I just want to give an initial, and possibly scattered report on what is happening currently from our point of view collaborating with IPEE (The Covenant Church of Ecuador) in the earthquake relief efforts in the last couple of days.
The day and a half after the earthquake occurred seemed like a dream. Erik and I had felt the shaking in our house, but no damage was done. We were hearing vague initial reports of the damage elsewhere and the casualties, but our everyday lives remained the same. Driving into Quito on Sunday there was almost no sign that anything had happened and life seemingly went on as usual.
However, the rubber has definitely hit the road and the realities are hitting now that we are in touch with our colleagues and brothers and sisters here in Ecuador. The most recent data states that there are over 400 deaths (with the number sure to rise) and thousands injured all along the coastal region of the country. Infrastructure has collapsed, especially water and electric services, as well as roads to access some of these communities.
It is surreal to be in meetings these days strategizing about he best way to provide relief, resources, and solidarity to those who are suffering. The logistics are very complicated considering all of the complex details involved.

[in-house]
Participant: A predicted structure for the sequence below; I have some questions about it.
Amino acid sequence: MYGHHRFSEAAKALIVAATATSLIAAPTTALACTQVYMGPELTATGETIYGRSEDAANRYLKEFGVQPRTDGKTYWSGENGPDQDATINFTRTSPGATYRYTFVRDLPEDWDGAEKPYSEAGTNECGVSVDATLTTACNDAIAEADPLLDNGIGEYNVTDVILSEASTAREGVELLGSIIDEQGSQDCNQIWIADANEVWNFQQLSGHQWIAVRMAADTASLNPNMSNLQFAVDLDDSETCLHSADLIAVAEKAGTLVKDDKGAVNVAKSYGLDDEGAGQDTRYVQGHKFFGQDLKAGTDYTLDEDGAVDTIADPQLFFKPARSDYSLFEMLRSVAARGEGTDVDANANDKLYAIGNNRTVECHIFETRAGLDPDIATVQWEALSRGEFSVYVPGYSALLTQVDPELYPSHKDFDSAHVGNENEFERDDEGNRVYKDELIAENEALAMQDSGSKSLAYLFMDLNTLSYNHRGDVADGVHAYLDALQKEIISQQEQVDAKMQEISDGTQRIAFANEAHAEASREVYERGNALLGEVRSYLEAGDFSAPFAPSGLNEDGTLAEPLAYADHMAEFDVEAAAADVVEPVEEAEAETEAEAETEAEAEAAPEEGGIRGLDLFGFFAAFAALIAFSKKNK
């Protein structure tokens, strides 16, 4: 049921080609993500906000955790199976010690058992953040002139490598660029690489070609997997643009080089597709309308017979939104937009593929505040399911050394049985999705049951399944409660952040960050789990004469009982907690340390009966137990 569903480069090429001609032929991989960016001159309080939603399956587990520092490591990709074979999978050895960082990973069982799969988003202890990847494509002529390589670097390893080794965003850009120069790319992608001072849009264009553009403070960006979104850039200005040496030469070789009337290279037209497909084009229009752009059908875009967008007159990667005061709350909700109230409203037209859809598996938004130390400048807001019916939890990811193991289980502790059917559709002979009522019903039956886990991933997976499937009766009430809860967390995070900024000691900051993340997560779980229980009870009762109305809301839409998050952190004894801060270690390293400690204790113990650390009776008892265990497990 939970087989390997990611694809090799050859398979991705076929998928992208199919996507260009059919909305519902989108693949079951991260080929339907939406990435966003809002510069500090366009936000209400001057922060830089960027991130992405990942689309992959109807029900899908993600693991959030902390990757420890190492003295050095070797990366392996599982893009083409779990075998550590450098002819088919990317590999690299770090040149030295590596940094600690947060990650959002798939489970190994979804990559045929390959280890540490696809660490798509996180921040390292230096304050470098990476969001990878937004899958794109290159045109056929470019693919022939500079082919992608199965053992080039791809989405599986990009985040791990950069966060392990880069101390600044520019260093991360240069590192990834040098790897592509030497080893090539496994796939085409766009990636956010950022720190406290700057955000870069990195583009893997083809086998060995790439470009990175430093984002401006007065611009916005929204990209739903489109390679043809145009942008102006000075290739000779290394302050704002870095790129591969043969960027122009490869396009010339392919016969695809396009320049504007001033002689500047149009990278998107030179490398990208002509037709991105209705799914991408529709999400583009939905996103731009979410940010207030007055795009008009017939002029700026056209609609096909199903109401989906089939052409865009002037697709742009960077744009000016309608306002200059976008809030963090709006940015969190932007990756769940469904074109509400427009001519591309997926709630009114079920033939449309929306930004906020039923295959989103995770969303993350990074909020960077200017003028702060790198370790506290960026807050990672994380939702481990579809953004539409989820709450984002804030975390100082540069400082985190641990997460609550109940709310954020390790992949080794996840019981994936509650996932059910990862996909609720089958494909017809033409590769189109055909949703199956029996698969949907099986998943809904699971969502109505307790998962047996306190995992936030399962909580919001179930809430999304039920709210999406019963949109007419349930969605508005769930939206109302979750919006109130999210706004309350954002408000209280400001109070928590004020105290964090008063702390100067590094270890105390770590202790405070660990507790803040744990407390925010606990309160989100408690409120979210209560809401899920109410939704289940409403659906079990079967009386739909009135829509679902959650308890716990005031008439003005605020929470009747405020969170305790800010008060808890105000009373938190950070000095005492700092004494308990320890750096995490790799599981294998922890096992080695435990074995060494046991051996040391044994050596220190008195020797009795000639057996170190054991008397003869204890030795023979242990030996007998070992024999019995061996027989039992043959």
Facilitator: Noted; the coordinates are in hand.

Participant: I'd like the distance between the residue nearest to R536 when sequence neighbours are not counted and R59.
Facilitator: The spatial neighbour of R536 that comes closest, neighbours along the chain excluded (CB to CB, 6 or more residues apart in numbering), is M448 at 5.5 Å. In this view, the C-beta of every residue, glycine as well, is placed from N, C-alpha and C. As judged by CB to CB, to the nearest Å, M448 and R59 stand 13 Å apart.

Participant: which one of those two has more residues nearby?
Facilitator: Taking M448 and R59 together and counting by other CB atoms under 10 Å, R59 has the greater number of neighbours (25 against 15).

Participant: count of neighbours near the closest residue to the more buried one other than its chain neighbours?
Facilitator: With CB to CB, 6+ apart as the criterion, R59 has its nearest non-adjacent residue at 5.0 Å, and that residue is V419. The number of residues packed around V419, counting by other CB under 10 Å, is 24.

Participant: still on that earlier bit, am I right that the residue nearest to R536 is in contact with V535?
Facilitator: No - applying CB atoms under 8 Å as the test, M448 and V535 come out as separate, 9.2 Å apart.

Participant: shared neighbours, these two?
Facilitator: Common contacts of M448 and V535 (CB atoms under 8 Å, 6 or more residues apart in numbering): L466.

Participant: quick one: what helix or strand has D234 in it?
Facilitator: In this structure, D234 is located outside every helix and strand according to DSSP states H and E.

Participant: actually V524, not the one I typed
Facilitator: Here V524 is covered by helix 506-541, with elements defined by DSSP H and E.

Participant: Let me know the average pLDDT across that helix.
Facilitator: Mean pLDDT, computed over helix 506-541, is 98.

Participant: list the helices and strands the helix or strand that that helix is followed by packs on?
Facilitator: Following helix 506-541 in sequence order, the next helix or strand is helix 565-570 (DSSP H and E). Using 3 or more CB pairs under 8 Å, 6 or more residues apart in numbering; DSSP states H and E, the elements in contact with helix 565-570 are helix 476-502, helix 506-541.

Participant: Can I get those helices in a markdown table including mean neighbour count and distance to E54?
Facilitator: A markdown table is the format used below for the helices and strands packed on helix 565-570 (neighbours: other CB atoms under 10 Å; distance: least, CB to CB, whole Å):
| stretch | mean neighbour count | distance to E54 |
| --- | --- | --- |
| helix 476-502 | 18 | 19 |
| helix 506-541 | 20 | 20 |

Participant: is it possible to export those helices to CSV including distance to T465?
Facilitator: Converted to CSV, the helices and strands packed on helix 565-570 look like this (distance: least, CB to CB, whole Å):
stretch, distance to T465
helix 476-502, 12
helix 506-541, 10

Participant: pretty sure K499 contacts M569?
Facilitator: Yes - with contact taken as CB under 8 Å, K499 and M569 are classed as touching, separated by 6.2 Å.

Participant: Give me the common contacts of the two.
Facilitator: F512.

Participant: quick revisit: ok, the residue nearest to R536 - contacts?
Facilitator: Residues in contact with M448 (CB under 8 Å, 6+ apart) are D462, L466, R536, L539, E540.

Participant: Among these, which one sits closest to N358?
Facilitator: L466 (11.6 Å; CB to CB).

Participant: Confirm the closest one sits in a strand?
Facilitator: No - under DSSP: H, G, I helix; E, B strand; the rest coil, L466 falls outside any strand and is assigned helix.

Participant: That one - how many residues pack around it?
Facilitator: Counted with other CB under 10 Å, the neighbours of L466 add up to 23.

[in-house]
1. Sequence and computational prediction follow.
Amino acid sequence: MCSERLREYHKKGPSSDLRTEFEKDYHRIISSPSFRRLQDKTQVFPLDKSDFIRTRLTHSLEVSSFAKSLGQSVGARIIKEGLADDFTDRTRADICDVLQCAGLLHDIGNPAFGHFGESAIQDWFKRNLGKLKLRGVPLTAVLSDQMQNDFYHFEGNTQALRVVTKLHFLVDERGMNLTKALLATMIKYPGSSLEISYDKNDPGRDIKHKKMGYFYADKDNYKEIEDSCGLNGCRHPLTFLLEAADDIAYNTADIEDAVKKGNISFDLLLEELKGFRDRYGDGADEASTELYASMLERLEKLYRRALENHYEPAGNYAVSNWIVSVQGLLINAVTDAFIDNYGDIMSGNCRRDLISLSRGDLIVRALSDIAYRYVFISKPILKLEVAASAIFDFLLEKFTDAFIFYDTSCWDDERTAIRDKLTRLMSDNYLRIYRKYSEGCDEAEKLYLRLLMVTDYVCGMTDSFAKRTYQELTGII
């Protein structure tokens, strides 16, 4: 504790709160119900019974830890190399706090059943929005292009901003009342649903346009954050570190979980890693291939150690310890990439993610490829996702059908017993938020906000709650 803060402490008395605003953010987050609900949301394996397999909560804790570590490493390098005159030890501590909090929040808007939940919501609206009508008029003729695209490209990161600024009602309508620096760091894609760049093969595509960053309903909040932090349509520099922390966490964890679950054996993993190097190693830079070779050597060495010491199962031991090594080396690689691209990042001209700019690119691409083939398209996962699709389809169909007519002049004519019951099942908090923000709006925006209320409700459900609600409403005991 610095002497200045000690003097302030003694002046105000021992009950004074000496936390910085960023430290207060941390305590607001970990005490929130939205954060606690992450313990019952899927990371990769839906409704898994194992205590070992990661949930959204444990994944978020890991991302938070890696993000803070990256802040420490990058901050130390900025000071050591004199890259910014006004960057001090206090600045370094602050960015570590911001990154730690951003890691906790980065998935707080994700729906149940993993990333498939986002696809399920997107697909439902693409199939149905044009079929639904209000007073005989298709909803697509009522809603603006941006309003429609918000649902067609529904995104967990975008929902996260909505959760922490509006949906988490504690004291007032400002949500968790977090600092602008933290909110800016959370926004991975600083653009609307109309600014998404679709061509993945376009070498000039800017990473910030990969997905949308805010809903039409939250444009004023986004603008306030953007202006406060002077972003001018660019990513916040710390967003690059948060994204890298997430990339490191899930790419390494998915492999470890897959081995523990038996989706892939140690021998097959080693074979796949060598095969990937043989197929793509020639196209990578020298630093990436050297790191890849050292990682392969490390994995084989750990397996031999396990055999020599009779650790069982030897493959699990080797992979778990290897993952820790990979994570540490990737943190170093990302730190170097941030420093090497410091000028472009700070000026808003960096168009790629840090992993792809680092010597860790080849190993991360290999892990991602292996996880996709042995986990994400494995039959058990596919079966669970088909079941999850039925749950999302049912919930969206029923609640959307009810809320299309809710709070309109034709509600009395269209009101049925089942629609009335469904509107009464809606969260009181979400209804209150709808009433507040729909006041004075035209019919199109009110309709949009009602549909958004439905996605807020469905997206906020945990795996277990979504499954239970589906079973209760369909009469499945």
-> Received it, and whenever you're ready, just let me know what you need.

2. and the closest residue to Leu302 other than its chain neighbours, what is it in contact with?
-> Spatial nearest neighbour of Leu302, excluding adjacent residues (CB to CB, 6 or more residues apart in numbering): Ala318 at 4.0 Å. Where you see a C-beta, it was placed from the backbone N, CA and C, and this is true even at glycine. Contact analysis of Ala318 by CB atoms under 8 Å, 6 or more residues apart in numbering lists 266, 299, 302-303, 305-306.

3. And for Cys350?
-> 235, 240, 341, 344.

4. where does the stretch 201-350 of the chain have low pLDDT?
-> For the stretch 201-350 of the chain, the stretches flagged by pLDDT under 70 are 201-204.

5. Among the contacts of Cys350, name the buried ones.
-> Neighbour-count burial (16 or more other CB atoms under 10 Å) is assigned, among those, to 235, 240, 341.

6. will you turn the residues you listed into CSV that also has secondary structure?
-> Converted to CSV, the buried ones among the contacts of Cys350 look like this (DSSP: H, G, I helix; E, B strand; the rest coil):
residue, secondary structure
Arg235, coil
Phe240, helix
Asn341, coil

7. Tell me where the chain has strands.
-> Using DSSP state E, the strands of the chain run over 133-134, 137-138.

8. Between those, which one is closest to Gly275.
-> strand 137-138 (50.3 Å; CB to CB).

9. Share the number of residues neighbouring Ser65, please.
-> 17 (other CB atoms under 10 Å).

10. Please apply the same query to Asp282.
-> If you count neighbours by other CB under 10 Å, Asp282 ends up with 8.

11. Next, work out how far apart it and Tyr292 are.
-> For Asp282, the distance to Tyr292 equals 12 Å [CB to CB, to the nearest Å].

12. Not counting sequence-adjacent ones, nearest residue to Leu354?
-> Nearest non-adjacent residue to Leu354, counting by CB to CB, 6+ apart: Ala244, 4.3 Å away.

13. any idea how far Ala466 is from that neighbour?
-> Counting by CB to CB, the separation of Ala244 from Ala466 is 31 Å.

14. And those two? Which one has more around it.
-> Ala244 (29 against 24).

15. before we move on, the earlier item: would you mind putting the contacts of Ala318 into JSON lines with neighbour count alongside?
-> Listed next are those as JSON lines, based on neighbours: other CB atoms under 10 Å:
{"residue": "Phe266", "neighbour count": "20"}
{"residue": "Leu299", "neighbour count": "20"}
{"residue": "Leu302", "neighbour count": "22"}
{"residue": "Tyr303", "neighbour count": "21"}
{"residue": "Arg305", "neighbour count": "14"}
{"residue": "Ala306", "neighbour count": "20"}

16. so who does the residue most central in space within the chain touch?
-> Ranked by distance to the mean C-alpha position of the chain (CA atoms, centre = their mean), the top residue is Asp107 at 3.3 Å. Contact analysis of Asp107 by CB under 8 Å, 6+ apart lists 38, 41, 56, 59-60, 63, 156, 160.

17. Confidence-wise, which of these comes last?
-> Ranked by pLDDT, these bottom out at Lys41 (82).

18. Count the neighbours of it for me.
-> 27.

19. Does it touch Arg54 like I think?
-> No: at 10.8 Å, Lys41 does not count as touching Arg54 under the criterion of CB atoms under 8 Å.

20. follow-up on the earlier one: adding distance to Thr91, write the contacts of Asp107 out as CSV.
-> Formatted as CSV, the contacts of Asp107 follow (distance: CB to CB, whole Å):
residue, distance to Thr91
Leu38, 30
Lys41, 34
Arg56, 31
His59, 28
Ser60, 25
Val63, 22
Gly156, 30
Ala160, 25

Supplies need to be gathered from all over the country, people who are adequately trained need to be mobilized, permissions need to be granted to access areas currently controlled by the military.
On top of that, it is important to prioritize the absolute necessities of the moment of things that people are desperate for. One of these considerations is having the discernment of whether we as a church should even send out a huge convoy in these days. Dozens of NGOs and large global organizations like the Red Cross are much more equipped to provide the first response in a natural disaster such as this. The ministry of health sent out a public service announcement last night discouraging lay people from going to try and help because there are already reports of outsiders who have fallen ill from the dangerous conditions in the affected areas. Those who went to help are now taking the resources meant for those affected primarily from the earthquake. It is a common, but unfortunate reality after many natural disasters like this.
For now, we are trying to manage physical and financial donations, receive training to care for people with post traumatic stress, and reaching communities who have yet to receive any assistance. We are grateful to have the providential presence of our Latin America Regional Coordinators, Pia and Eugenio Restrepo here who have provided great support, care, and even have jumped into crisis training for those of us who need it.
Emotions are running high, especially for those who have personal friends and family who they know have been heavily affected.
Please, please be in prayer for all that is happening in this country. For those who are deeply suffering, and also for those who are trying to provide help in the best way possible. This is a long road ahead and we anticipate weeks, months, and years of recovery from this incident.
Also, if you’d like to help financially, we ask that you do so through Covenant World Relief by clicking HERE.
Strategy meeting with IPEE leaders